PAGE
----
This section is from the book "The Epicurean", by Charles Ranhofer. Also available from Amazon: The Epicurean, a Complete Treatise of Analytical and Practical Studies on the Culinary Art.
Take some oval-shaped lady fingers and as many more shaped round like a bouchee; cover the edges with a thin layer of apricot marmalade (No. 3675); soak the oval ones lightly with maraschino and dress them in a circle on the outer edge of a deep dish; in the center of this place the round biscuits in intermingled layers after they have also been soaked in maraschino, and cover each one of these with a rather consistent English cream (No. 42) prepared with lemon peel and beaten for seven or eight minutes on ice, then mixed with a few spoonfuls of whipped cream.
Make an apricot "pain" preparation (No. 3194) a little thicker than usual, into which add the same quantity of rice cooked with cream and vanilla (No. 160), and a few spoonfuls of whipped cream (No. 50); pour it into a Savarin mold, incrusted in pounded ice. Beside this, prepare and mold a macedoine jelly with champagne the same as for No. 3179, having it in a dome the same diameter at the bottom as the hollow in the Savarin mold; put this macedoine in the ice-box to stiffen. One moment before serving unmold the border on a cold dish and in the center place a pad of Genoese cake (No. 3239), reaching three-quarters to the top; into this unmold the champagne mace-doine and surround the base with a circle of croutons made of ribboned jelly (No. 3184).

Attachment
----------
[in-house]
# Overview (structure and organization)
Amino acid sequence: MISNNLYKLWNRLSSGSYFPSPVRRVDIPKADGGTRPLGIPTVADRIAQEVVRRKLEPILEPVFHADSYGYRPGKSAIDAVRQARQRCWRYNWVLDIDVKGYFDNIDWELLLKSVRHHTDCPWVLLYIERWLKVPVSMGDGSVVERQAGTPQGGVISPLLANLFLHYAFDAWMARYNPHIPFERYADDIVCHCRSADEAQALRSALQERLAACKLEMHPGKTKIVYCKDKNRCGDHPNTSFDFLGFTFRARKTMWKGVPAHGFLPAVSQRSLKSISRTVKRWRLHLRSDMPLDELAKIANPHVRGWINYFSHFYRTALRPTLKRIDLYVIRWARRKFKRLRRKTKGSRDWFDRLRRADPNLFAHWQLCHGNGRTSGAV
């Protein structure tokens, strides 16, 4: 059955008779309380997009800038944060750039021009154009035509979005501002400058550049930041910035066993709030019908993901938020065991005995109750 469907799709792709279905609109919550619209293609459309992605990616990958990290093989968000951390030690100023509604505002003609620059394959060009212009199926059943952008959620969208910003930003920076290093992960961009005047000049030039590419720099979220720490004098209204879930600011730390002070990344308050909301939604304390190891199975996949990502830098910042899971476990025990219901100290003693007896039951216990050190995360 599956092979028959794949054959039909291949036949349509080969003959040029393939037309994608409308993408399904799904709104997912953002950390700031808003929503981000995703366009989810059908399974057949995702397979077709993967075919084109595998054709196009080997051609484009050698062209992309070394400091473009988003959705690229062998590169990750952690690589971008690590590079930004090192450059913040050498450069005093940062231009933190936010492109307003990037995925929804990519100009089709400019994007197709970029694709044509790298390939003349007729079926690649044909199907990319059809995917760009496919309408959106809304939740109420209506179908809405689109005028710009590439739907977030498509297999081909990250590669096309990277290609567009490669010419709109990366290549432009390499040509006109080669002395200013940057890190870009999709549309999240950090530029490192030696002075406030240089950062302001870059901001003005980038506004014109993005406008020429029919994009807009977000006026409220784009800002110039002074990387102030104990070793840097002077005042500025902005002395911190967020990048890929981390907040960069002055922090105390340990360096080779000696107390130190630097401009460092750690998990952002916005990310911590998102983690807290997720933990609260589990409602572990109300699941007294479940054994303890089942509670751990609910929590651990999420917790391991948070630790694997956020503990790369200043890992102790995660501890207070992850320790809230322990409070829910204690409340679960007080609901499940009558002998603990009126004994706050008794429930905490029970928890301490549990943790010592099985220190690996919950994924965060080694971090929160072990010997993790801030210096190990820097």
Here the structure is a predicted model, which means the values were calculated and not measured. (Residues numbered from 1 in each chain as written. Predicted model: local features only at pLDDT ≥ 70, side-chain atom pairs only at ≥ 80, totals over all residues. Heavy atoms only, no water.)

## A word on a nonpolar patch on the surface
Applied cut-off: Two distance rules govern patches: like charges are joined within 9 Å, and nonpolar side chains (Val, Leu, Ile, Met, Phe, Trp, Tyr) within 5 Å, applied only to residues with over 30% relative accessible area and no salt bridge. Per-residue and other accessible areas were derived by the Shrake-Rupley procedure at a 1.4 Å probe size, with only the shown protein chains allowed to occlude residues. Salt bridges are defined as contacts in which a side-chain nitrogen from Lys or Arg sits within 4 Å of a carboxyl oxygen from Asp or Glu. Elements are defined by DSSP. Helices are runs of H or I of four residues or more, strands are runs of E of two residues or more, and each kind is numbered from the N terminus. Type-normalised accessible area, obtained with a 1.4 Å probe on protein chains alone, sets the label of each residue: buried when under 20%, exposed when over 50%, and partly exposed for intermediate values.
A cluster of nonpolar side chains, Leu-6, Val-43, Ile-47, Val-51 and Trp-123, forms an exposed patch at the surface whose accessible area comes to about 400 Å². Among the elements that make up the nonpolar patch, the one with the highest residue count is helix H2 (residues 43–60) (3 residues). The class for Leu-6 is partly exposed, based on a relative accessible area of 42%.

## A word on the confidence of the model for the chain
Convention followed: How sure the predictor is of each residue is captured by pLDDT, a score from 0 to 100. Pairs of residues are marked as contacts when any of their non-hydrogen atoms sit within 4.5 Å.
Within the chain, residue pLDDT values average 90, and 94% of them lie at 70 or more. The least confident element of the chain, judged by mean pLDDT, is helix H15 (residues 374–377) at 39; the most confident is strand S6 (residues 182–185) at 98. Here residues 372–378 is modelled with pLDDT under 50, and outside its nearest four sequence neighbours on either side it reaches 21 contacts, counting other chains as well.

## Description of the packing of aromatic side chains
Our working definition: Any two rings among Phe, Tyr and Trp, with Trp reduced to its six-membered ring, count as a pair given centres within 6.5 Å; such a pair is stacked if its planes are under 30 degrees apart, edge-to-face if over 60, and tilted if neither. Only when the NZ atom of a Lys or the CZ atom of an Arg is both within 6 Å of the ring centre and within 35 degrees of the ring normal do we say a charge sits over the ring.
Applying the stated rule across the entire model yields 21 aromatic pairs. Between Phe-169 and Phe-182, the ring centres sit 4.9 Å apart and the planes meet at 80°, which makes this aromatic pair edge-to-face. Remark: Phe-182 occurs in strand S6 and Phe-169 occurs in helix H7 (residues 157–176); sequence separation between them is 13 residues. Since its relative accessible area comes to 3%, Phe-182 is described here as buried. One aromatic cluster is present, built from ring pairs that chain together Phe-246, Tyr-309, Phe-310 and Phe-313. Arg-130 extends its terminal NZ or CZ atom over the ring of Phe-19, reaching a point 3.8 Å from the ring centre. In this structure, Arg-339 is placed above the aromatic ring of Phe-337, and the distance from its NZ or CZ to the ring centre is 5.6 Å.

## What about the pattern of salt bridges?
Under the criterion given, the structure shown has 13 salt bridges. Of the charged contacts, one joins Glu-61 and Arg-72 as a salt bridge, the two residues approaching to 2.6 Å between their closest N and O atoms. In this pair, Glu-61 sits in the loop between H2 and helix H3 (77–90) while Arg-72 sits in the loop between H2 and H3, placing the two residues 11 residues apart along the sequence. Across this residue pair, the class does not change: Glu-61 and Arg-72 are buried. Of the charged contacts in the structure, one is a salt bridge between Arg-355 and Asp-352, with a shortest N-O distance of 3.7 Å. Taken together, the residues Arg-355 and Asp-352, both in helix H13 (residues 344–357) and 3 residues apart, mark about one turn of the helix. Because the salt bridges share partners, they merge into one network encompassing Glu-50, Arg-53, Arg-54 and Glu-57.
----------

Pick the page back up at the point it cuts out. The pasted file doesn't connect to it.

Fasten a round layer of office paste (No. 143) on a dish and on it place a charlotte mold half an inch narrower than the paste. Prepare a cream cake paste (No. 132) with five ounces of butter, three gills of water, seven ounces of flour, a spoonful of sugar, lemonpeel, a grain of salt and five eggs. Put this paste into a socket pocket (Fig. 179), and put it on a baking sheet in the shape of thin even eclairs as long as the mold is high; then bake them in a slack oven until dry, then allow to cool. After the cakes are detached from the sheet, keep them warm for a few moments. When cold, open and fill them with raspberry jam (No. 3695) pushed through a cornet, and glaze over with sugar cooked to "crack" (No. 171). As this becomes cold dip one end and one side into the same sugar so as to enable them to stand upright on the layer of office paste around the mold. When the sugar is cold lift out the mold and fill the inside of the case with a raspberry bavarois preparation, the same as for No. 3134, thickened on ice, and lastly having a salpicon of candied pineapple added to it.